Italy, Republic of Genoa, Scudo
1680 - Genoa - SM - AU(50-53) - Silver - KM:79
PLEASE NOTE: this collector's item is unique. We therefore cannot guarantee its availability over time and recommend that you do not delay too long in completing your purchase if you are interested.
Cross with four stars in the corners.
The Virgin in front on the clouds, crowned with stars, with the Child on her lap and holding a sceptre.
- Country: Italy
- Denomination: Scudo
- Year: 1680
- Mint name: Genoa
- Composition: Silver
- Diameter: 42
- KM: 79
Silver can fall into your pocket but also falls between copper and gold in group 11 of the periodic table. Three metals frequently used to mint coins. There are two good reasons for using silver: it is a precious metal and oxidizes little upon contact with air. Two advantages not to be taken for granted.
Here is thus a metal that won’t vanish into thin air.
It’s chemical symbol Ag is derived from the Latin word for silver (argentum), compare Ancient Greek ἄργυρος (árgyros). Silver has a white, shiny appearance and, to add a little bit of esotericism or polytheism to the mix, is traditionally dedicated to the Moon or the goddess Artemis (Diana to the Romans).
As a precious metal, just like gold, silver is used to mint coins with an intrinsic value, meaning their value is constituted by the material of which they are made. It should be noted that small quantities of other metals are frequently added to silver to make it harder, as it is naturally very malleable (you can’t have everything) and thus wears away rapidly.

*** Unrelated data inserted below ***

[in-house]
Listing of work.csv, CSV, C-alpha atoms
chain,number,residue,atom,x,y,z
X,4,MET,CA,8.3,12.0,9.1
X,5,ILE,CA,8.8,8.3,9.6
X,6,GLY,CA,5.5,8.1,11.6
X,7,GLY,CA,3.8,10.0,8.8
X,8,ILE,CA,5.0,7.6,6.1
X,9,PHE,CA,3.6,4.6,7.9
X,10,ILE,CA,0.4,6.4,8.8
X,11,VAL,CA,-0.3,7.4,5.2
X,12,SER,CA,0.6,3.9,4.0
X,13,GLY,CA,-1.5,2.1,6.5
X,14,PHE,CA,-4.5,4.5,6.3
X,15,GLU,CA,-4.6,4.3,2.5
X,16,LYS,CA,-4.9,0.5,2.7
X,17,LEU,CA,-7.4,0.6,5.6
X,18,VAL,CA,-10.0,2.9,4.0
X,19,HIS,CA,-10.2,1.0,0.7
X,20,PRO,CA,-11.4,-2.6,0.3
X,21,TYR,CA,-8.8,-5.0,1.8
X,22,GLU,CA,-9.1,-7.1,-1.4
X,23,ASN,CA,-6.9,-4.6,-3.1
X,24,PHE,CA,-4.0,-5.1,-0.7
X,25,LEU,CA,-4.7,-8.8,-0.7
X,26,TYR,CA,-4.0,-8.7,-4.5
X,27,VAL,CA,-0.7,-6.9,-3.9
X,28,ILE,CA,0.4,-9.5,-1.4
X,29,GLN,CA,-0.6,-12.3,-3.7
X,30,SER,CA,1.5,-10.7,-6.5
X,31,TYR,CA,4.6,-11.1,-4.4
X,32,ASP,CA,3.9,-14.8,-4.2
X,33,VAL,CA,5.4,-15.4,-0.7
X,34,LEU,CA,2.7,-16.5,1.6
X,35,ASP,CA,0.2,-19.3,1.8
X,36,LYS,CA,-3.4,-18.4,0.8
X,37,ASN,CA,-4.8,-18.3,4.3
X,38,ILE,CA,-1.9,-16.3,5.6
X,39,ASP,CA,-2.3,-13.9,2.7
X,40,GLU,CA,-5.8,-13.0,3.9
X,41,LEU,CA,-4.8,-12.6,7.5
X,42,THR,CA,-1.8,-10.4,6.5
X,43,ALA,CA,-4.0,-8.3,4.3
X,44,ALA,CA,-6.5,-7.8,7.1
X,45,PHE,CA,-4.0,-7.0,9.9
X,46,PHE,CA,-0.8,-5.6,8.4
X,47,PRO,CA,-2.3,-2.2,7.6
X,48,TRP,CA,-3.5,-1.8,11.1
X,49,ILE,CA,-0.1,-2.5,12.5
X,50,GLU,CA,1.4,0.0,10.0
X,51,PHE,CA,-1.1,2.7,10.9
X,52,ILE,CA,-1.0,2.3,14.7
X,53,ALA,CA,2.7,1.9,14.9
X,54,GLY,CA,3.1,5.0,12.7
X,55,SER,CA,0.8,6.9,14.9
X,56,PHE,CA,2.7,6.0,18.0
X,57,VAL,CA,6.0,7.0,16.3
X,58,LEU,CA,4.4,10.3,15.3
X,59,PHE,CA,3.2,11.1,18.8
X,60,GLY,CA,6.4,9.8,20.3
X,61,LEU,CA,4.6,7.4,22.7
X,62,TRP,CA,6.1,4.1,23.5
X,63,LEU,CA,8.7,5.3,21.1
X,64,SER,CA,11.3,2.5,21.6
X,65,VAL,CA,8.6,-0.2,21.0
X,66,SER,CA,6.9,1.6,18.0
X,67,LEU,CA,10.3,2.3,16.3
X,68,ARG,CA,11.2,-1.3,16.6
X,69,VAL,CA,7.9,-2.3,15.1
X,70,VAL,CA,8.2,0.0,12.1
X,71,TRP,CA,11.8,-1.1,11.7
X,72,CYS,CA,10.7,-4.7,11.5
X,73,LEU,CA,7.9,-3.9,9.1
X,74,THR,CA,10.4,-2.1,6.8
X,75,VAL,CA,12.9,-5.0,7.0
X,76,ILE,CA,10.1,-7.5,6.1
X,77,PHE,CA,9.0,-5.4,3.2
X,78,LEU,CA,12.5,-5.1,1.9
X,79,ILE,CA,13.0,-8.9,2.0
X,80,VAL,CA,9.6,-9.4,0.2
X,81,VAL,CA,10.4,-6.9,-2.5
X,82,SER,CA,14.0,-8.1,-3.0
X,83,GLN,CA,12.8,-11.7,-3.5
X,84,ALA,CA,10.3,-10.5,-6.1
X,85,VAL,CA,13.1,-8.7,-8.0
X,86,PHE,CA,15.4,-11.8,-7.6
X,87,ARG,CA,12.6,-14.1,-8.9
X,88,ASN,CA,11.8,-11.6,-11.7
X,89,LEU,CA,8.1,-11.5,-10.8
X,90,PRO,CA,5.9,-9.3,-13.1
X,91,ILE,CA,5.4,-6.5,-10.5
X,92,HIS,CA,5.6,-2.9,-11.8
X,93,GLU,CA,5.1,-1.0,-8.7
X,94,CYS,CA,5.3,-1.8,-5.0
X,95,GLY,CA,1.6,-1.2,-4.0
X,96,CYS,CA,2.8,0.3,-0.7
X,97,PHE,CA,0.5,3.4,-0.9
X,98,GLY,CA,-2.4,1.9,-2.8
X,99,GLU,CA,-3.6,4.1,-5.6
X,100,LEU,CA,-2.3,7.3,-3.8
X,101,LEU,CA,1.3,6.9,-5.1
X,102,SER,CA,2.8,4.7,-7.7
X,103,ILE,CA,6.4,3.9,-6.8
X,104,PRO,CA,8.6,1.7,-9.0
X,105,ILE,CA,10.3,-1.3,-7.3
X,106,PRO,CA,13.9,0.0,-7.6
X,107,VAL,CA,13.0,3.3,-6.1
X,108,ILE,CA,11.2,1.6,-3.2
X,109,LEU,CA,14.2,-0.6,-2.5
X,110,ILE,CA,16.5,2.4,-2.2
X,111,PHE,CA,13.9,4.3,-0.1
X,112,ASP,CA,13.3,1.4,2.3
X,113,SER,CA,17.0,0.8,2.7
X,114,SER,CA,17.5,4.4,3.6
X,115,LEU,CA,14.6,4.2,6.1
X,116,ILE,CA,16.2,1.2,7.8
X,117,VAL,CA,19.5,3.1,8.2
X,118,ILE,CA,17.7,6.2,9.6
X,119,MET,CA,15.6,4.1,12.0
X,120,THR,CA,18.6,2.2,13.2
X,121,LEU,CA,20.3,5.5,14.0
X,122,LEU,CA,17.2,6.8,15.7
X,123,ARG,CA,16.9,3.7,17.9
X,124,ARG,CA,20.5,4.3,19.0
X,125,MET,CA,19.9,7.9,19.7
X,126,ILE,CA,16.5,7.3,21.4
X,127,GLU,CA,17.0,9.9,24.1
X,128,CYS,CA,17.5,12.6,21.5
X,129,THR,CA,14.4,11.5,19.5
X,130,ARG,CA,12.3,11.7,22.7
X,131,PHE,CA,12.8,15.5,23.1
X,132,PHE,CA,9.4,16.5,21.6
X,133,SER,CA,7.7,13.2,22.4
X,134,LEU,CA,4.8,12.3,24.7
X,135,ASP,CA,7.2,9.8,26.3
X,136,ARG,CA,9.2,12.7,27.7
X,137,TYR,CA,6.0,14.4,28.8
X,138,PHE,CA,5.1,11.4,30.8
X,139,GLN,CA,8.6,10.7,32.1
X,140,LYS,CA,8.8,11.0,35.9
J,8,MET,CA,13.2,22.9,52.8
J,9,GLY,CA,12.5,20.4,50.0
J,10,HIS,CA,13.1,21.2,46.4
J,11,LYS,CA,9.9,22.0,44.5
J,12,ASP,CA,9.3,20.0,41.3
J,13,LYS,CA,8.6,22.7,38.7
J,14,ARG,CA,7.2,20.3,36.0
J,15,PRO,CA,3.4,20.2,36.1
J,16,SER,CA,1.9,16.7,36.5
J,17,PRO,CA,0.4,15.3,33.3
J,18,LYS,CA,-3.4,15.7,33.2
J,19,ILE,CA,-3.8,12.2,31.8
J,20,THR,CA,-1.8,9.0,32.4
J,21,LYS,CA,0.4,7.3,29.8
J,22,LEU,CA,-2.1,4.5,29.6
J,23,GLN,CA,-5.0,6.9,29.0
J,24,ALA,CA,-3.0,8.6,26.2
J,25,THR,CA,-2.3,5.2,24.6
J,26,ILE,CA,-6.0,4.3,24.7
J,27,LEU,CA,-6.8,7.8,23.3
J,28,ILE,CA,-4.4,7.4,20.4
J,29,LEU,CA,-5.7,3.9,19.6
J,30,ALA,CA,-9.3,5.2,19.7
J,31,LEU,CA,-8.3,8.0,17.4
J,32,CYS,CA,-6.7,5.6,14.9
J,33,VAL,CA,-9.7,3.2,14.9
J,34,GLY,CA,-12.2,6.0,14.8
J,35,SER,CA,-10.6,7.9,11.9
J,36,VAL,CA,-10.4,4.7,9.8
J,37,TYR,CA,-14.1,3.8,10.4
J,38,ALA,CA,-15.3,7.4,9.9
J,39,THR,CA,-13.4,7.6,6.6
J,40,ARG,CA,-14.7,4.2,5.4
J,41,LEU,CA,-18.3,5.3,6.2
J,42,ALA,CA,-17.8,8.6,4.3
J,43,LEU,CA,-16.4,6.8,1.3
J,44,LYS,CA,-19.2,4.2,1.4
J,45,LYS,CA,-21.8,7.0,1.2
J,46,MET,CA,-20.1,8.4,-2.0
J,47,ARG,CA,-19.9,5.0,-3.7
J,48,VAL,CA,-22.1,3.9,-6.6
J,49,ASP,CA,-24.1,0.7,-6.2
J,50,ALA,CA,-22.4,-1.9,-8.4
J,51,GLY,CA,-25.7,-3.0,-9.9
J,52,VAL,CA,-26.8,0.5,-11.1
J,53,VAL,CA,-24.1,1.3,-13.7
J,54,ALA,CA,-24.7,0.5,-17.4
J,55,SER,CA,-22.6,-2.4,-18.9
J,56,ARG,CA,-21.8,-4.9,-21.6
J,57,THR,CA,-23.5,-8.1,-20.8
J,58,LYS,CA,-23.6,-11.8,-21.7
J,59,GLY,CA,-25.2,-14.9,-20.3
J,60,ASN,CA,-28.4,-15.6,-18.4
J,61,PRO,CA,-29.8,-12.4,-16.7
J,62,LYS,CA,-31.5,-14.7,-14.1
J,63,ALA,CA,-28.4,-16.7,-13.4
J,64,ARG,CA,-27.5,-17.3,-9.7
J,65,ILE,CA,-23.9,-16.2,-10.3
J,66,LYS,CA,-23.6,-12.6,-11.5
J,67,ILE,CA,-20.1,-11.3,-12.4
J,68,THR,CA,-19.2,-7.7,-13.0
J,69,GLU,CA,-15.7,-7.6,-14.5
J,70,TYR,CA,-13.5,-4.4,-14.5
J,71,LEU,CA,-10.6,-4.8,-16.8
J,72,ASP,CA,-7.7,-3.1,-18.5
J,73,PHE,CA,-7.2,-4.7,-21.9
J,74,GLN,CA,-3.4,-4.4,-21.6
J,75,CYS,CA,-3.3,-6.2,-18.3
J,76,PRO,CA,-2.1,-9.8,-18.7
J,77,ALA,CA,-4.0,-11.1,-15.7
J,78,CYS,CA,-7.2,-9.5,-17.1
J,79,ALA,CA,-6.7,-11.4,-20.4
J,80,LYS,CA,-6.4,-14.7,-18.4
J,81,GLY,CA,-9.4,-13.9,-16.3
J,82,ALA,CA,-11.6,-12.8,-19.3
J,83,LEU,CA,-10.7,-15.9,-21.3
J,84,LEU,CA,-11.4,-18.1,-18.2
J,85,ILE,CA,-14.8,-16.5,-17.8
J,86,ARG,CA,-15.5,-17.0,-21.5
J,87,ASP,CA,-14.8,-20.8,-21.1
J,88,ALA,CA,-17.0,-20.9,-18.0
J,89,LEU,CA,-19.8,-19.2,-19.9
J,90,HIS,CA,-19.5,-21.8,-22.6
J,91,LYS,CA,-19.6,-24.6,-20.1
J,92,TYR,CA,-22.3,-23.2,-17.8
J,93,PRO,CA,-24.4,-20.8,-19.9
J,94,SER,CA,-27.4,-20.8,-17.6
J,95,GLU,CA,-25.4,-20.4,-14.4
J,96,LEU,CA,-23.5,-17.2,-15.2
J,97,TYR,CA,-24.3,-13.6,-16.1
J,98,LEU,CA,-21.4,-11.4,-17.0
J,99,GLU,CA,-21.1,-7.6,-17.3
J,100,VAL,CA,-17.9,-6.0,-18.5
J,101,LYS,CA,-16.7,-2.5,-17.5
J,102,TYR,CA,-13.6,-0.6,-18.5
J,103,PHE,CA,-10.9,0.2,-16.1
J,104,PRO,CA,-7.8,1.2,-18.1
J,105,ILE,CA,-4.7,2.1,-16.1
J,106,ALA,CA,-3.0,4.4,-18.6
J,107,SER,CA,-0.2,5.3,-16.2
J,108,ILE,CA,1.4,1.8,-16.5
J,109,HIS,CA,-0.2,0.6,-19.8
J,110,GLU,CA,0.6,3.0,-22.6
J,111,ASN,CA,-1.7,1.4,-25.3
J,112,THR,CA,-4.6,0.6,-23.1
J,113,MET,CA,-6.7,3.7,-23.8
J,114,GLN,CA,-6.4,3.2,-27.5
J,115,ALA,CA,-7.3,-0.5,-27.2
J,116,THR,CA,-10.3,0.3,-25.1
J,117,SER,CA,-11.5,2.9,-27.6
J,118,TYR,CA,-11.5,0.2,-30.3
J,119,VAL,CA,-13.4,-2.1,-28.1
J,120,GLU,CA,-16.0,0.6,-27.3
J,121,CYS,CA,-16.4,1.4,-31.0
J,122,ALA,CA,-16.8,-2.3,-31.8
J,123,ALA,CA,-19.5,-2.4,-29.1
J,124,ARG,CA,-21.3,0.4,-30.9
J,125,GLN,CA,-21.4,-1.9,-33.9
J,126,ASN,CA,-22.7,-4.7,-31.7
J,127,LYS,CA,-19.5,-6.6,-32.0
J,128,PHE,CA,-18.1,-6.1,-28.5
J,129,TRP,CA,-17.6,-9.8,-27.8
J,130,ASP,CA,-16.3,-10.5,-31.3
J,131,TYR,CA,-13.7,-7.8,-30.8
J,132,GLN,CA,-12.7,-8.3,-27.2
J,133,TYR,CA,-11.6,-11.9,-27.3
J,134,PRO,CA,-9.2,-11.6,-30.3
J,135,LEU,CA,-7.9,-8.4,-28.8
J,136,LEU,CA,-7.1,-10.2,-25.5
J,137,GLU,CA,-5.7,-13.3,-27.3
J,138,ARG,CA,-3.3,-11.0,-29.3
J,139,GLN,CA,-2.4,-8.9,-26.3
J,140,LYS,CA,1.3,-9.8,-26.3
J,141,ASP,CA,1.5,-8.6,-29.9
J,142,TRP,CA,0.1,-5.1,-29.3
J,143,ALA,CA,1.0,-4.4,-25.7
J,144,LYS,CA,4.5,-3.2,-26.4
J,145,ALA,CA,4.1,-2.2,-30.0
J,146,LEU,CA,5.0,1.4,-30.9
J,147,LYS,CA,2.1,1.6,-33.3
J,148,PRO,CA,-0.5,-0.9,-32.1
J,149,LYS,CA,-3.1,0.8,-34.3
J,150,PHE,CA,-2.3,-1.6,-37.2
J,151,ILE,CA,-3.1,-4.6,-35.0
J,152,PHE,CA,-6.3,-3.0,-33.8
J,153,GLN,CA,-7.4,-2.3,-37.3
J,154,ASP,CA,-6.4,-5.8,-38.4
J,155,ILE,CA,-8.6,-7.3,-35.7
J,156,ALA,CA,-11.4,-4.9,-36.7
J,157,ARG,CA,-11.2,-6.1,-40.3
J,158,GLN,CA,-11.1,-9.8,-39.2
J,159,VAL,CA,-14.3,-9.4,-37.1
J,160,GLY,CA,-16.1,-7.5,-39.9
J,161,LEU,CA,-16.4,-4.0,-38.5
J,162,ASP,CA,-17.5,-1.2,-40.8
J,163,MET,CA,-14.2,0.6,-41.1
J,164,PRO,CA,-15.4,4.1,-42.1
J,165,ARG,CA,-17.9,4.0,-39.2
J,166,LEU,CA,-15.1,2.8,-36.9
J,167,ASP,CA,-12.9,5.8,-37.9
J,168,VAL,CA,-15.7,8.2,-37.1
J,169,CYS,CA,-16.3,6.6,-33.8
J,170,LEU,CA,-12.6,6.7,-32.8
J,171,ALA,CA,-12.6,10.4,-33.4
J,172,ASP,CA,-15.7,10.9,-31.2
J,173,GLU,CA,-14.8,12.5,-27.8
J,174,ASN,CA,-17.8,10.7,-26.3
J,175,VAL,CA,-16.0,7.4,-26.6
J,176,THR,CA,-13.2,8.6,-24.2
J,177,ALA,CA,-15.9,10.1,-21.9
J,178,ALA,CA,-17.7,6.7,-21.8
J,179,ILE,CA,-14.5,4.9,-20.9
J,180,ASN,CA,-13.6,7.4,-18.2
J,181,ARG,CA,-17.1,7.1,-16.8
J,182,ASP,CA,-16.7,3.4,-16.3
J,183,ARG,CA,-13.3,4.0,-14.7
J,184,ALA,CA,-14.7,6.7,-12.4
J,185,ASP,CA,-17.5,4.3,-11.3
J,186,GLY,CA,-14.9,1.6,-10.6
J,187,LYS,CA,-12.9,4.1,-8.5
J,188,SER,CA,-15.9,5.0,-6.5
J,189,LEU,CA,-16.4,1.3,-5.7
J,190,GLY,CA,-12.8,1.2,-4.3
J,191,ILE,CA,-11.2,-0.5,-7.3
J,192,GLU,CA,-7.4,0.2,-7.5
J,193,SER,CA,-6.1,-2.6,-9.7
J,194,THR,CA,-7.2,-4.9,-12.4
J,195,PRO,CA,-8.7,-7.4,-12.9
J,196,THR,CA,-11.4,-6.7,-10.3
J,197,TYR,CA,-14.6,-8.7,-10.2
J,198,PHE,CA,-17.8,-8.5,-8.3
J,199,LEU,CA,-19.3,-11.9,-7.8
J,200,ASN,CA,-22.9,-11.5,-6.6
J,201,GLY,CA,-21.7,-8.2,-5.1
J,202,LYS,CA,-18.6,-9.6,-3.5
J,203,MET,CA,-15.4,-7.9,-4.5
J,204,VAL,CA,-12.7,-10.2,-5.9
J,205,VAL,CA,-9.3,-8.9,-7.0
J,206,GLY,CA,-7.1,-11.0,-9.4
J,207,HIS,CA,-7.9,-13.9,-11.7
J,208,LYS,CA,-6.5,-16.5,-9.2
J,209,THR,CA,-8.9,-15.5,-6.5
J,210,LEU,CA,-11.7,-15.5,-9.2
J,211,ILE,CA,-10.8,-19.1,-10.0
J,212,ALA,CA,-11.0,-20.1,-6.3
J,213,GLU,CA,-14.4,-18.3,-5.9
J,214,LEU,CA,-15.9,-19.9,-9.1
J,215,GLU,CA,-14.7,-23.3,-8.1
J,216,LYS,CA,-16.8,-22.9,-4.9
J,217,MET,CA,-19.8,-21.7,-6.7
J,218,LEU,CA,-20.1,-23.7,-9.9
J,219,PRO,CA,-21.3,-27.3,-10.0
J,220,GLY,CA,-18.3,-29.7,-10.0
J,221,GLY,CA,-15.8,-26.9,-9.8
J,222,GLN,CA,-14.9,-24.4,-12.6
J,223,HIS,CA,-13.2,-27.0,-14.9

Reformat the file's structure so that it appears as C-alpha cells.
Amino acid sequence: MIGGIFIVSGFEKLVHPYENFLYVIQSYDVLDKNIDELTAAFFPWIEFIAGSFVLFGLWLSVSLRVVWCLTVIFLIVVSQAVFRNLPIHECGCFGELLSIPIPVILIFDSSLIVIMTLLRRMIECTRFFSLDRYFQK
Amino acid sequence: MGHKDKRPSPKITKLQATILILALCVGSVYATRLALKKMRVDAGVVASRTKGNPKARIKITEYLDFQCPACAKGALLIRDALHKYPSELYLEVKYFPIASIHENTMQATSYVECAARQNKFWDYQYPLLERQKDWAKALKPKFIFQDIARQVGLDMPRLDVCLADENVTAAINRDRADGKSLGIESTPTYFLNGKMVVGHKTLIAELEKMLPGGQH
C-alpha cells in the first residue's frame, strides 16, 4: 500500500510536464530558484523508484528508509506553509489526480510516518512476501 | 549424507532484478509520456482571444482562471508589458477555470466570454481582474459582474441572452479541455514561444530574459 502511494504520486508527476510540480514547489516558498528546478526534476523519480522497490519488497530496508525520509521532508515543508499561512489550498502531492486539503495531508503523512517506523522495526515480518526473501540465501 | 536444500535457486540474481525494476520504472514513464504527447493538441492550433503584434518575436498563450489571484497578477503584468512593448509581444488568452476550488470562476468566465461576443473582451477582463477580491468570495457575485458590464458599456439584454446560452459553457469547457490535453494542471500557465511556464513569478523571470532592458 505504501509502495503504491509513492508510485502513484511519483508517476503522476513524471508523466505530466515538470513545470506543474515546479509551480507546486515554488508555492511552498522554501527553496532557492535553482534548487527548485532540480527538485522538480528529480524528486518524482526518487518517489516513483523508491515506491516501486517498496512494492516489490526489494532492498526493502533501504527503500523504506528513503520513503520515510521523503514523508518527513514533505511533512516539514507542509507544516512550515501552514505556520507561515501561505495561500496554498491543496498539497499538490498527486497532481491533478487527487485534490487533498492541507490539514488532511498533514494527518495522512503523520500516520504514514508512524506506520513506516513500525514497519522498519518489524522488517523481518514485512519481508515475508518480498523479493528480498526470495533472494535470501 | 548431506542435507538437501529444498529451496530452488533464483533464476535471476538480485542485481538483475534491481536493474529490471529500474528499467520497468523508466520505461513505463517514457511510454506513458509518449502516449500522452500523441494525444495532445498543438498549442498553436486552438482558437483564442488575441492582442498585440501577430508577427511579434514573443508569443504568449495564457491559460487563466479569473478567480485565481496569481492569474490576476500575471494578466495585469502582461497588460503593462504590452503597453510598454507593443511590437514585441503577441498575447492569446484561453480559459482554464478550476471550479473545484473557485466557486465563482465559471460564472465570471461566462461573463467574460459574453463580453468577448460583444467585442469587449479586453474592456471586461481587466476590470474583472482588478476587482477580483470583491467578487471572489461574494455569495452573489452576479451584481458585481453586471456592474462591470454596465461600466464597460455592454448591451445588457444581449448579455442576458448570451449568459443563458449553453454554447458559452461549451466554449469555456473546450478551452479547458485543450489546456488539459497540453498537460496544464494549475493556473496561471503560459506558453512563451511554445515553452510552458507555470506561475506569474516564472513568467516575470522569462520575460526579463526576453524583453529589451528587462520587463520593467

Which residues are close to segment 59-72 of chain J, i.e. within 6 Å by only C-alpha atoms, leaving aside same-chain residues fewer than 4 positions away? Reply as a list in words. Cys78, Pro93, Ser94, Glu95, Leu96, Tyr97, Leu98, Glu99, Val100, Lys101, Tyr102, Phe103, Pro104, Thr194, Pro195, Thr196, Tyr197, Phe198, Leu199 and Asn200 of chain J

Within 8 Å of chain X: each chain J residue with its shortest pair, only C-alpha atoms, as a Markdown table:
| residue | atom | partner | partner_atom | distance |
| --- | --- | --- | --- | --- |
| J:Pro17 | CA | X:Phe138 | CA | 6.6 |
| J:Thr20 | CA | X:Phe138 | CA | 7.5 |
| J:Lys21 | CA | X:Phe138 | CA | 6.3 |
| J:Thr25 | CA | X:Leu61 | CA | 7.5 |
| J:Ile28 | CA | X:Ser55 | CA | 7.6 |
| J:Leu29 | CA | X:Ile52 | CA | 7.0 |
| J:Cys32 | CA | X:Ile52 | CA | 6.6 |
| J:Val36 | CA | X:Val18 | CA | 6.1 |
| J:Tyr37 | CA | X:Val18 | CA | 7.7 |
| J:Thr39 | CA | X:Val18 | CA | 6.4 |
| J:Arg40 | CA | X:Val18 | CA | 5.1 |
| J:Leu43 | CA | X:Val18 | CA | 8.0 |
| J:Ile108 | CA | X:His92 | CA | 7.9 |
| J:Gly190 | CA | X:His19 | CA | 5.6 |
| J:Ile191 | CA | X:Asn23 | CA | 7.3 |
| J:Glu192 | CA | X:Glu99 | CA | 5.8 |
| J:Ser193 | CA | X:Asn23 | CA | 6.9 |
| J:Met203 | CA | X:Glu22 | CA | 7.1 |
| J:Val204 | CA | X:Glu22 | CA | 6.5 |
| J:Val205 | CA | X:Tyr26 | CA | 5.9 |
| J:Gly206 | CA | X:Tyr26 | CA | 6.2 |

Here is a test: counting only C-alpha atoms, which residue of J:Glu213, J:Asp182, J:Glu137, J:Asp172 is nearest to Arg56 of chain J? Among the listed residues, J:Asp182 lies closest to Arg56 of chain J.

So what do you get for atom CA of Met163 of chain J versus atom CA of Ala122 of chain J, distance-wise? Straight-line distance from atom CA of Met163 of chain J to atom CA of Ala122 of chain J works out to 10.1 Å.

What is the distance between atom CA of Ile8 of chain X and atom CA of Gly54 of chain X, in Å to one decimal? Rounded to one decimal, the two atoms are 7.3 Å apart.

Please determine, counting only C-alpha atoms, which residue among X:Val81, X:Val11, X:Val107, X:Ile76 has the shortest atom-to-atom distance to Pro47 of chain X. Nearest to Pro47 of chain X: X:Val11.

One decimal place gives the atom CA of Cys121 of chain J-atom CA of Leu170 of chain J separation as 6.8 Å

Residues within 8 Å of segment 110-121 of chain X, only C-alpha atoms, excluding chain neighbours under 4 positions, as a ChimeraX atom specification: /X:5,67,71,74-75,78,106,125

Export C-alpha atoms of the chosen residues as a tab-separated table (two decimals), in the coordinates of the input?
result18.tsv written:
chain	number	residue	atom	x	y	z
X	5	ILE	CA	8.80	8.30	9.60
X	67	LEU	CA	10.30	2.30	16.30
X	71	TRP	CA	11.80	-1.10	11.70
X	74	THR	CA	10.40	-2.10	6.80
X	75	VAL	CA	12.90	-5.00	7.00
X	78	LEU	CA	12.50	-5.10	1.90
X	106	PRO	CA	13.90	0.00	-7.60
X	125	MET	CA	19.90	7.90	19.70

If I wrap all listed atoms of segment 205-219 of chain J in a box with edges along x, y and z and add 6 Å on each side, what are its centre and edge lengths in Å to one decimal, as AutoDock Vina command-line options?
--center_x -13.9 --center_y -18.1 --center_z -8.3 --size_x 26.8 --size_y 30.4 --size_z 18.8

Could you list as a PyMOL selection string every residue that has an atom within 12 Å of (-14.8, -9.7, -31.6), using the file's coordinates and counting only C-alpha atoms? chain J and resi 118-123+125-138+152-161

The first silver coins probably date back to the end of the 7th century BC and were struck on the Greek island of Aegina. These little beauties can be recognized by the turtle featured on the reverse.
The patina of silver ranges from gray to black.
The millesimal fineness (or alloy) of a coin indicates the exact proportion (in parts per thousand) of silver included in the composition. We thus speak, for example, of 999‰ silver or 999 parts of silver per 1 part of other metals. This measure is important for investment coins such as bullion. In France, it was expressed in carats until 1995.
An “AU(50-53)” quality
As in numismatics, it is important that the state of conservation of an item be carefully evaluated before it is offered to a discerning collector with a keen eye.
This initially obscure acronym comprising two words describing the state of conservation is explained clearly here:
This means – more prosaically – that the coin has circulated well from hand to hand and pocket to pocket but the impact on its wear remains limited: the coins displays sharp detailing and little sign of being circulated. The number (50-53) indicates that at least half of the original luster remains. Closer examination with the naked eye reveals minor scratches or nicks.